clock menu more-arrow no yes mobile

Filed under:

Brandon Beane explains Buffalo Bills 2018 NFL Draft quarterback evaluation, Josh Allen

Offensive coordinator Brian Daboll put Josh Allen through the ringer.

In a series of interviews given this past June, Buffalo Bills general manager Brandon Beane was able to describe the team’s evaluation process of not only eventual draft pick Josh Allen, but ostensibly every other quarterback the team brought in for private workouts during the 2018 NFL Draft. Bills fans will remember that the team was able to bring in at least four quarterbacks on pre-draft visits, a list that included Josh Allen, No. 1 overall pick Baker Mayfield, Josh Rosen, and Mason Rudolph.

According to Beane, offensive coordinator Brian Daboll served as the point man during the team’s private meetings. During the sessions, Daboll scripted 42 plays for each quarterback prospect the Bills worked out, but did not inform the quarterbacks of the script. The front office staff were quite impressed with Allen’s ability to process the plays quickly and without practice.

“[Allen] processed it quickly,” Beane said. “His workout was very good and when we left there, we felt very confident.”

Besides the aforementioned board work, Beane was also sure to stress how important Allen’s intangibles were to the team’s front office. Discussing the benefits of watching Allen play live, Beane was quick to mention how seeing the quarterback react in any given situation was massively important.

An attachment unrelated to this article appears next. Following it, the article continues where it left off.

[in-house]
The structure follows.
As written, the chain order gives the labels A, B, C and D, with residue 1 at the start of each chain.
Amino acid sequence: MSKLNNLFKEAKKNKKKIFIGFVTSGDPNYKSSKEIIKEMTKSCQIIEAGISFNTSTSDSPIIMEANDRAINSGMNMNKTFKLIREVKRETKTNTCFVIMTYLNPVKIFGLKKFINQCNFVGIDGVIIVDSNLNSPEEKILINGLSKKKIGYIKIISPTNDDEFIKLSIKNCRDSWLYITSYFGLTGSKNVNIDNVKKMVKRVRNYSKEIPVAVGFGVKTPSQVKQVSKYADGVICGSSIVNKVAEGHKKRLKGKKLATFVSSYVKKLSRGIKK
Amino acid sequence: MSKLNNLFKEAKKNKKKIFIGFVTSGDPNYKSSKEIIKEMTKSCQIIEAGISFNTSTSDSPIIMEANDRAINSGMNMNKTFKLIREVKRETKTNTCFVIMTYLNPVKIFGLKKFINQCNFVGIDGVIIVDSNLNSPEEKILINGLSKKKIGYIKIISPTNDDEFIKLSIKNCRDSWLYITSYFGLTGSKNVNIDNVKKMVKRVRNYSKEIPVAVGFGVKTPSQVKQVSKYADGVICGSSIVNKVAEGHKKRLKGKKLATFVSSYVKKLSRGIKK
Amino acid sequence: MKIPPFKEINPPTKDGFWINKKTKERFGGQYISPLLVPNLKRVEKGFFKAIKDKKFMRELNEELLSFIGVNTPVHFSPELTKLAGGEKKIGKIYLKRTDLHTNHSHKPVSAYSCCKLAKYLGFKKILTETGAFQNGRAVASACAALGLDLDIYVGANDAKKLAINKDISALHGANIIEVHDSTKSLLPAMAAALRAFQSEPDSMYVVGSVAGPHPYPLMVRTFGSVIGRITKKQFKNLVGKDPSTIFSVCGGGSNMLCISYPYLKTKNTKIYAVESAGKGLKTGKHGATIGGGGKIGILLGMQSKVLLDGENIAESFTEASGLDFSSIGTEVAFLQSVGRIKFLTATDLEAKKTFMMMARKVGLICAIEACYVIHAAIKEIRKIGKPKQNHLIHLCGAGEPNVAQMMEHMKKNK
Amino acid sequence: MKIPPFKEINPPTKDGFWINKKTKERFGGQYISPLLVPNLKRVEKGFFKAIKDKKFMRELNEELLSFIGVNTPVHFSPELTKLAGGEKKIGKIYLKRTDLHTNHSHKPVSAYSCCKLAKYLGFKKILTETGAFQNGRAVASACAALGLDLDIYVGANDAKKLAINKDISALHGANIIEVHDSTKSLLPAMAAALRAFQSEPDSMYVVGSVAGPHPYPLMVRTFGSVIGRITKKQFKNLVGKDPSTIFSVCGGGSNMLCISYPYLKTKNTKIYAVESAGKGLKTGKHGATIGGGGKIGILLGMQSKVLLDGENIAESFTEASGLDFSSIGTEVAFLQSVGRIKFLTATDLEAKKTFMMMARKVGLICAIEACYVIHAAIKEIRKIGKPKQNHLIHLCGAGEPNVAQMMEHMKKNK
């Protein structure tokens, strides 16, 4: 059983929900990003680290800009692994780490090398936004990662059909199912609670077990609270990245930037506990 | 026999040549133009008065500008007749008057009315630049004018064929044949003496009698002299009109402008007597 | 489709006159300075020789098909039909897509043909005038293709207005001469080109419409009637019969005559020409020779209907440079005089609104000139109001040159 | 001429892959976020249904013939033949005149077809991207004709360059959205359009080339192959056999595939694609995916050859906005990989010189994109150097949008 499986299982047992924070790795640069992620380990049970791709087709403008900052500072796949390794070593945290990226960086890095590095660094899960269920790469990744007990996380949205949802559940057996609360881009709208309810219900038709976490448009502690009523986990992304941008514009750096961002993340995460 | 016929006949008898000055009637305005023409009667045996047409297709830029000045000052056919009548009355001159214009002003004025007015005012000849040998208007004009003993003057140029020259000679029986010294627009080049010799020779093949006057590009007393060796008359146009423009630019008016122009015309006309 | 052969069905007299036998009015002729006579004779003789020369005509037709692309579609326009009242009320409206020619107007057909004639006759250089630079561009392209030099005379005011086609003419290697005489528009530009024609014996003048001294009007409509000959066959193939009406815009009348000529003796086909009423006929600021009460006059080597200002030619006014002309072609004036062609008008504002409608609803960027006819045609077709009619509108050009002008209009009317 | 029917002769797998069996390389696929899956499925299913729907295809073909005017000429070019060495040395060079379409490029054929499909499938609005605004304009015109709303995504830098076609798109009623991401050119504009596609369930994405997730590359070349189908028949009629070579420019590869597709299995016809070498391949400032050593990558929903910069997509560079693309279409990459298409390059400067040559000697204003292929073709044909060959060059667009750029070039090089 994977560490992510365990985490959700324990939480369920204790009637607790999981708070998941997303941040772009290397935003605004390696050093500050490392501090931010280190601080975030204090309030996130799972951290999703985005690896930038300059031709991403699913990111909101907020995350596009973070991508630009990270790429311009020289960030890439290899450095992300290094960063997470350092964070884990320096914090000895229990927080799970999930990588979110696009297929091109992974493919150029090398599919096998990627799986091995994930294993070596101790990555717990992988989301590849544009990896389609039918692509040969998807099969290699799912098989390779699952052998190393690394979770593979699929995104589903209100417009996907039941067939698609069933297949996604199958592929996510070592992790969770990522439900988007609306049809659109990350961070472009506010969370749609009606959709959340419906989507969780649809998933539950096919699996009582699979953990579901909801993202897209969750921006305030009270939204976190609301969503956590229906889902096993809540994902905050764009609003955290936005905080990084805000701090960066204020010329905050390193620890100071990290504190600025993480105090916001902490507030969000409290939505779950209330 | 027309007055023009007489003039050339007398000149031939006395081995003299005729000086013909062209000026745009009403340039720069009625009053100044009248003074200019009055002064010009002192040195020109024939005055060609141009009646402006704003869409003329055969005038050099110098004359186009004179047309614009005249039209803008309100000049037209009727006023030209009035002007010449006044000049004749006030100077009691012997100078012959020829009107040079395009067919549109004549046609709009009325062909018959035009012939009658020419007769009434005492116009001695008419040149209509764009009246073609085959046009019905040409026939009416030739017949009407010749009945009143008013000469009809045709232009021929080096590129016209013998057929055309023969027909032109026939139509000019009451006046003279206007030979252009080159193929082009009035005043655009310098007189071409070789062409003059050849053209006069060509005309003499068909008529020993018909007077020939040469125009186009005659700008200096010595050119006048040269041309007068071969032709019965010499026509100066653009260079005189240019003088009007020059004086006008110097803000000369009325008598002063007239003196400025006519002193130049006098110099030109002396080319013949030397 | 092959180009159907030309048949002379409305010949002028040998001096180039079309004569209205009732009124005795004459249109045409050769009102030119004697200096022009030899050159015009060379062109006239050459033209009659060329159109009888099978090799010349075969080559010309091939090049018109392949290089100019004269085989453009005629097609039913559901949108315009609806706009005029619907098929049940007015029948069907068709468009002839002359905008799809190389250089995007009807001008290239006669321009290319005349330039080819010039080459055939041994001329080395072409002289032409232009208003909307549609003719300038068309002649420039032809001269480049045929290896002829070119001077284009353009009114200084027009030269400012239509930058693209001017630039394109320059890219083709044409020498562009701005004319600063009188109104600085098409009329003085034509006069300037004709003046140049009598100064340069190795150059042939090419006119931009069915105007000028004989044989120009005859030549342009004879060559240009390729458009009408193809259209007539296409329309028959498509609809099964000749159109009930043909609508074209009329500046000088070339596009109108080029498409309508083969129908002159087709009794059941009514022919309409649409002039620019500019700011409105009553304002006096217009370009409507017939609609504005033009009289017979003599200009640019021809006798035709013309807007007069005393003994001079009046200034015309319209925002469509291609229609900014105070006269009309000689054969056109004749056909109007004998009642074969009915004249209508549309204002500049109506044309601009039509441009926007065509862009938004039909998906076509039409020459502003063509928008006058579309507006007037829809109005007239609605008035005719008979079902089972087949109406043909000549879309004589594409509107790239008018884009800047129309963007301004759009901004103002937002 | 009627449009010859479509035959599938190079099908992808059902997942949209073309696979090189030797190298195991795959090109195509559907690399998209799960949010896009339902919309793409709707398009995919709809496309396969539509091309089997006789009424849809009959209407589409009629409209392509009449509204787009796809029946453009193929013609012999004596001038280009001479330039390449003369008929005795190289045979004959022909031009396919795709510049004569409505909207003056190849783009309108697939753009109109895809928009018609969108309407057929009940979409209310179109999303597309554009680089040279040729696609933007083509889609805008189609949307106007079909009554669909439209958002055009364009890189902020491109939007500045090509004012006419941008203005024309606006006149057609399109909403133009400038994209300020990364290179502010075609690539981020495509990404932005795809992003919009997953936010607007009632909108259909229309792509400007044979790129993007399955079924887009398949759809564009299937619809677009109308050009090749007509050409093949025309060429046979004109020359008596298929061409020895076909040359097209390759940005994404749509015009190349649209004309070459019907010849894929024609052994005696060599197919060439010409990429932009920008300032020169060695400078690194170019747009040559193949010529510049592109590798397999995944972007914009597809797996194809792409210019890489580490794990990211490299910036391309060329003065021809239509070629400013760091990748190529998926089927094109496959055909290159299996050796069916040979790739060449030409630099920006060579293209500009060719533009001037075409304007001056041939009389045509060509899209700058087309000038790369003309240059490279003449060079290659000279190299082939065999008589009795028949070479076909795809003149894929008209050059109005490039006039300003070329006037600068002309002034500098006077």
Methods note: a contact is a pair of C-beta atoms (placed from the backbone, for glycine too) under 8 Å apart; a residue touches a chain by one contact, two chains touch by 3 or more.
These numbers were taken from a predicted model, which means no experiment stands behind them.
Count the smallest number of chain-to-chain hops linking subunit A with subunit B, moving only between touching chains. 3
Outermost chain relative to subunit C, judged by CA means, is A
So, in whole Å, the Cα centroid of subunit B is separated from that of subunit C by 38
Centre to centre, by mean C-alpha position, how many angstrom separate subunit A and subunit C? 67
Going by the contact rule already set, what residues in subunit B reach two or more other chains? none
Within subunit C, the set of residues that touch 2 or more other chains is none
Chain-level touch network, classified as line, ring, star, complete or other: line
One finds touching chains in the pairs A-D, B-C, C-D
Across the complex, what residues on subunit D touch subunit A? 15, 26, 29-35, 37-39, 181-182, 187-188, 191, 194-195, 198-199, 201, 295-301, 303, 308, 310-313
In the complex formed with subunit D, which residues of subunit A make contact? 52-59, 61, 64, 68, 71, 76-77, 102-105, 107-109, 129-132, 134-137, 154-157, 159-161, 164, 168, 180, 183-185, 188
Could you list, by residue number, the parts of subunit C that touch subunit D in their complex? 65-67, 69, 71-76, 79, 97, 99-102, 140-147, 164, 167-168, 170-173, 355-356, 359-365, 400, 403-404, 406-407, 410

“The great thing about seeing a guy play live at quarterback is yes, I can see all the stuff that I can watch on film, but I can see all the stuff in pre-game, how’s he interacting with his guys. When they’re going through stretch lines, is he patting them on the butt and getting them going? When they go three-and-out two series in a row, what’s he doing? When he comes off, who’s he talking to? Is he talking to one guy, is he screaming at people, is he a mute? What’s his leadership like? It’s such an important part of playing that position, because we all know you’re going to have those days or weeks when you lose three in a row. How’s he going to respond? Can he handle adversity?”

Allen was known as a strong leader in the pre-draft process and was evidently able to satisfactorily answer each of those questions.

Beane was also swayed by Allen’s competitive nature at the Senior Bowl. After a couple of poor series, Allen was insistent about staying on the field into the second half and eventually put together two scoring drives.

“The great thing about the game – I know his agents were all wanting him to play a series or two and get out because everyone is fearing injury – and he was like, ‘No, I’m coming back in the second half.’ His agent was probably like, ‘why?’ and he came back and led them on two different touchdown drives,” said Beane.